At 11:10 this morning Liz Truss strode onto a stage in Birmingham to deliver a speech which pulled the curtain down on the 2022 Conservative Party Conference. In the face of U-turns, horrific polling, Cabinet rows over benefits and the political car crash of the “mini-budget”, members of the party faithful listened to the speech in almost defiantly happy mood.
At 11:45 Truss bounced off the stage, having delivered her speech. The content was clear and pitched perfectly at a well-defined part of the electorate whom she hopes will power her to electoral victory in 2024: the strivers and workers, plumbers and builders, white van men and small business owners.
She polarised “Liz’s Strivers” against the newly-coined “anti-growth coalition”. Expect to hear a lot of this phrase. It’s clever, because Truss can use it as a catch-all term for her opponents, no matter who they are: Sir Keir Starmer, Labour and the militant union bosses; Remoaners, people who live in North London mansions, and the BBC; the SNP, Plaid Cymru and Extinction Rebellion. It is cunning because the “anti-growth coalition” are all boxed together as people who believe the answer is tax, regulation and meddling, no matter what the question is. It’s smart, as the phrase plays into a fear of a Labour-led hung parliament having its strings pulled by Nicola Sturgeon and Mick Lynch.
The great achievement of the speech was that the PM managed to frame “Trussonomics” with pithy phrases such as “growth, growth and growth”, and being “pro-growth, pro-aspiration and pro-enterprise”. I can’t remember such a pro-business speech from any political leader in recent history. She ran through areas of defence, health and education, but always came back to sorting out the challenges faced in those areas by growing the economy. The speech had a commendable rod of iron throughout.
Truss even played the Greenpeace activists, who heckled her during the speech, incredibly well. They could have come from Conservative central casting, pulling the audience to its feet in protest against them and support for Truss.
So, after such a clear speech, with a clear vision and so much red meat chucked at the Conservative activists, it was surprising it was greeted by such an underwhelming reaction: “Well… that could have been worse”, or “At least it didn’t go wrong”.
First, delivery. We all know Liz Truss is no Cicero and has the impossible job of following Boris Johnson — the man who could talk his way out of a cow’s digestive system. She’s got better since the days of ‘pork markets’ and ‘imported cheese’, but there’s still a long, long way to go. The stiltedness, pauses and inability to land a joke point to something more than simple issues with oratory: it’s a lack of authenticity.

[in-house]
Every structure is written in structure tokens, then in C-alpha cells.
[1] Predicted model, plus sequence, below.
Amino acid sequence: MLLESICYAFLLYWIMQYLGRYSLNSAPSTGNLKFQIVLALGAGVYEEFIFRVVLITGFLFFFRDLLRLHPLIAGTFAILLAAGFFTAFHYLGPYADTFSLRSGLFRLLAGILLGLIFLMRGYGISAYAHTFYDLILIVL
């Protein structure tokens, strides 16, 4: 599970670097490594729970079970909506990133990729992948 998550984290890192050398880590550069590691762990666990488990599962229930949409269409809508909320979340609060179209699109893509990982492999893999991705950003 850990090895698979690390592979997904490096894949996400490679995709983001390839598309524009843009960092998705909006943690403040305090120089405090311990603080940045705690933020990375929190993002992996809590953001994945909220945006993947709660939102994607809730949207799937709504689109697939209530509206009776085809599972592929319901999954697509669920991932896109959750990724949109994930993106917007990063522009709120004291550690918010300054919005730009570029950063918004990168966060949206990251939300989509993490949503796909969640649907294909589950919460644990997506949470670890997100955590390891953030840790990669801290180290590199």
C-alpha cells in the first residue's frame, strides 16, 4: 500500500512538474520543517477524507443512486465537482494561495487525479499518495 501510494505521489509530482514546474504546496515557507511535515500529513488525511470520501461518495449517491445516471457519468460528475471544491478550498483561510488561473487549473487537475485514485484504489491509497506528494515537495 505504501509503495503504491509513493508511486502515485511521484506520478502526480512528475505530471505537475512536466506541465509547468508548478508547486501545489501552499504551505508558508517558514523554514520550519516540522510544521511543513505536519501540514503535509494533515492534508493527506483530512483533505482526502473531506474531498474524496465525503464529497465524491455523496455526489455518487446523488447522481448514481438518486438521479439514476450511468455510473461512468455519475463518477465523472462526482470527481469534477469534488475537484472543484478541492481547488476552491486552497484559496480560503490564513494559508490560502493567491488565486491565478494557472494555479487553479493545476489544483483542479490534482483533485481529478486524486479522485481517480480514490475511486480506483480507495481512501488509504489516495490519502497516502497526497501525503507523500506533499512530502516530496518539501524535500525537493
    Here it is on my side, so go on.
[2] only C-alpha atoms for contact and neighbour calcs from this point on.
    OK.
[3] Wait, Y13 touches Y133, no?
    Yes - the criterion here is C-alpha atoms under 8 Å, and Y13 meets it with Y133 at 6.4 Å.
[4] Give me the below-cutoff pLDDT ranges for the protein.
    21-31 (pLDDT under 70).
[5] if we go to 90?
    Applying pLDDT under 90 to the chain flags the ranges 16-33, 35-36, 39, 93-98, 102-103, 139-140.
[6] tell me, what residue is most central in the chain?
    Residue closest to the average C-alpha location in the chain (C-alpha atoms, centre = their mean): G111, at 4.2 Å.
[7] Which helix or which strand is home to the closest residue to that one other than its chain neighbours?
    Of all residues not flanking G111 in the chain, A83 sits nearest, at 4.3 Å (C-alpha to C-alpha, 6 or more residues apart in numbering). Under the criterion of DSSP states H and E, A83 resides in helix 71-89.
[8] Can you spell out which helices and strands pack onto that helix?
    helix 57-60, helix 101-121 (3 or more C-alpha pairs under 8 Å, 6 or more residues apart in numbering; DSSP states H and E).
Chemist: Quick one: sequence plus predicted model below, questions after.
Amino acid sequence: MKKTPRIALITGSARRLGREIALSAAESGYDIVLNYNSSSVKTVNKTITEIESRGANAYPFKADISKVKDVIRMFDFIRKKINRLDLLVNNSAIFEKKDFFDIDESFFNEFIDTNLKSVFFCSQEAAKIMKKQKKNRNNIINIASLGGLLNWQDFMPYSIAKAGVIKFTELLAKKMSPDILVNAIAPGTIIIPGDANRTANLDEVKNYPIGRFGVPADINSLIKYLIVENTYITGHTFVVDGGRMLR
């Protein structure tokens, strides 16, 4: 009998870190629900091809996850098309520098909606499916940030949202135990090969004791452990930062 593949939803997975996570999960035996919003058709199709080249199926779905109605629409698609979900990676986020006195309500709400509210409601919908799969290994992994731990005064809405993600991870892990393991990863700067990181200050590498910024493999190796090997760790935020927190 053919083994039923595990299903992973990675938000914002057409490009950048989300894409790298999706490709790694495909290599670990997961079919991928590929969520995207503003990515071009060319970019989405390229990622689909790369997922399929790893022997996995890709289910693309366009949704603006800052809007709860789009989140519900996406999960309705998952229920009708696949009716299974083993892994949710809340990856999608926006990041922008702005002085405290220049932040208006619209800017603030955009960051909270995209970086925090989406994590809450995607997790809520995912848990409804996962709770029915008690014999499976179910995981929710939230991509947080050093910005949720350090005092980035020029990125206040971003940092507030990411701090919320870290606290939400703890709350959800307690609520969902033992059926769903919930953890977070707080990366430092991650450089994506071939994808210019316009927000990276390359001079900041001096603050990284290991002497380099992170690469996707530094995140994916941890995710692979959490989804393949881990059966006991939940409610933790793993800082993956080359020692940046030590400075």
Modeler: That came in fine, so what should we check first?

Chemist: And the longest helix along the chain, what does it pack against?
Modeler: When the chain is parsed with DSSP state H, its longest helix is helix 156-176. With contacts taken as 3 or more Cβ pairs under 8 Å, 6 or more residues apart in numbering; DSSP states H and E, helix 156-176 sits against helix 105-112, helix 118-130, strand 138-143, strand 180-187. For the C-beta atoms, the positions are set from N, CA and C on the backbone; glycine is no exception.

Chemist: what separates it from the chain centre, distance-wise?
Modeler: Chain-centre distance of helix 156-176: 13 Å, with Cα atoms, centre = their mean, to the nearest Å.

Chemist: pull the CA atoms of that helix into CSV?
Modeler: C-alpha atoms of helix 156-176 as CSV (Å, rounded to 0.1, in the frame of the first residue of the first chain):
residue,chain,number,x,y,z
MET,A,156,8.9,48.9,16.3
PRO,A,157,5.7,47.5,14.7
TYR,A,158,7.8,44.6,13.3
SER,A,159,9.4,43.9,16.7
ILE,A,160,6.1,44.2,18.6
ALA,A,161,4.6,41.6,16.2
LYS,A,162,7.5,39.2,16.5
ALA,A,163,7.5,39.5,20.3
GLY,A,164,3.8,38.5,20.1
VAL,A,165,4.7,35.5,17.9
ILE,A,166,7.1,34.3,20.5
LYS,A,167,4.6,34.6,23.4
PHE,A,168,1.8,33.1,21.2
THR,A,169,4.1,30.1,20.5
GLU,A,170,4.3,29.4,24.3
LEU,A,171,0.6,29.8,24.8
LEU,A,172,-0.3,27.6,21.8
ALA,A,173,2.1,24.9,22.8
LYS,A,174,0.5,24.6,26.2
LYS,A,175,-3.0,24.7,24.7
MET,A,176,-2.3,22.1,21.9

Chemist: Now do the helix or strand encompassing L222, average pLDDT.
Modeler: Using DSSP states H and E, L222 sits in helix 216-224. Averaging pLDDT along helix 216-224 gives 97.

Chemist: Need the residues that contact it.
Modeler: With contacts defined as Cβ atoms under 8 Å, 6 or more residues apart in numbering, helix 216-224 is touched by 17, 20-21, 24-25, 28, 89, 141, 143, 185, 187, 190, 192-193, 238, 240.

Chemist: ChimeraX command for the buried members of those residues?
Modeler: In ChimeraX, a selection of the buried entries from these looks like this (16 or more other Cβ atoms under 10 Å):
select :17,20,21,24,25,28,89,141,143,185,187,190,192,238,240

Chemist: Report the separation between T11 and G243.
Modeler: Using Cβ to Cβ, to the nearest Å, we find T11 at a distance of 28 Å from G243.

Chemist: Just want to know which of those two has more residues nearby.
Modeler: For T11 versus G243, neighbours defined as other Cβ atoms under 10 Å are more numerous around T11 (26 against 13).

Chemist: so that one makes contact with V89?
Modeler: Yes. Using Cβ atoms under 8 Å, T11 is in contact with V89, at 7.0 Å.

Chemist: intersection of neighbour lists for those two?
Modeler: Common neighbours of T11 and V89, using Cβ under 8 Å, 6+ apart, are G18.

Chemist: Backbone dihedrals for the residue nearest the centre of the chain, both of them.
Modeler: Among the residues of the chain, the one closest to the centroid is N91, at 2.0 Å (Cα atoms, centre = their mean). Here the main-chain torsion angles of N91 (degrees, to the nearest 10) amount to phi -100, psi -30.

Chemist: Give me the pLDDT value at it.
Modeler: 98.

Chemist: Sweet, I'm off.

Critics back up accusations of inauthenticity with her “story”, moving from anti-monarchist, pro-EU Lib Dem across to Brexiteer on the Right of the Tory party. Sometimes such political movement can be successfully spun, as a politician with the ability to change course when circumstances demand: see Tony Blair’s voyage from CND Left to the centre or even centre-Right of politics. If, however, a politician gets this wrong, they can be seen as a rudderless opportunist. If authenticity is defined as when opinions and actions are aligned to values and feelings, Truss simply doesn’t add up. The electorate is crying out for someone seen as genuine; someone who, when they speak, is believed. They aren’t going to find this in Liz Truss.
The Tories suffer from a trust deficit. Boris Johnson could bosh through this thanks to force of personality; in fact, to a certain extent, he thrived on it. Liz Truss simply doesn’t have this in her locker and will have to stand or die on being a woman of principle. “I don’t make promises I can’t keep,” she said in the leadership election, “and I am a straightforward person who tells it like it is.” This means that when she says something, it has to be well thought out, researched and bullet proof. Once said, it can’t be undone and U-turns are not an option. Johnson got away with U-turning like a Catherine wheel, because we all knew he was flying by the seat of his pants, which was factored in by his supporters. Truss, in her own words, is not like this. That’s why the mini-budget, and subsequent U-turn on the 45p tax rate, will be the defining moment of her premiership. It’s when she lost credibility.
There’s a lot made of the notion that Liz Truss isn’t a likeable person, and the more the electorate get to know her the more they will not fall out with her. But polling from the 1980s suggests that the electorate never really liked Margaret Thatcher. The issue with Liz Truss is this: there’s a look of Head Girl suffering from impostor syndrome about her. This conference seems to have proved that the Head Girl has an inability to control her Cabinet, her party, her destiny. This will lead her to being a figure of derision: the satirists’ dream. It seems ridiculous to say this, only a month into her premiership, but the game is up. The only question is: can she hold on to the premiership until the next election?
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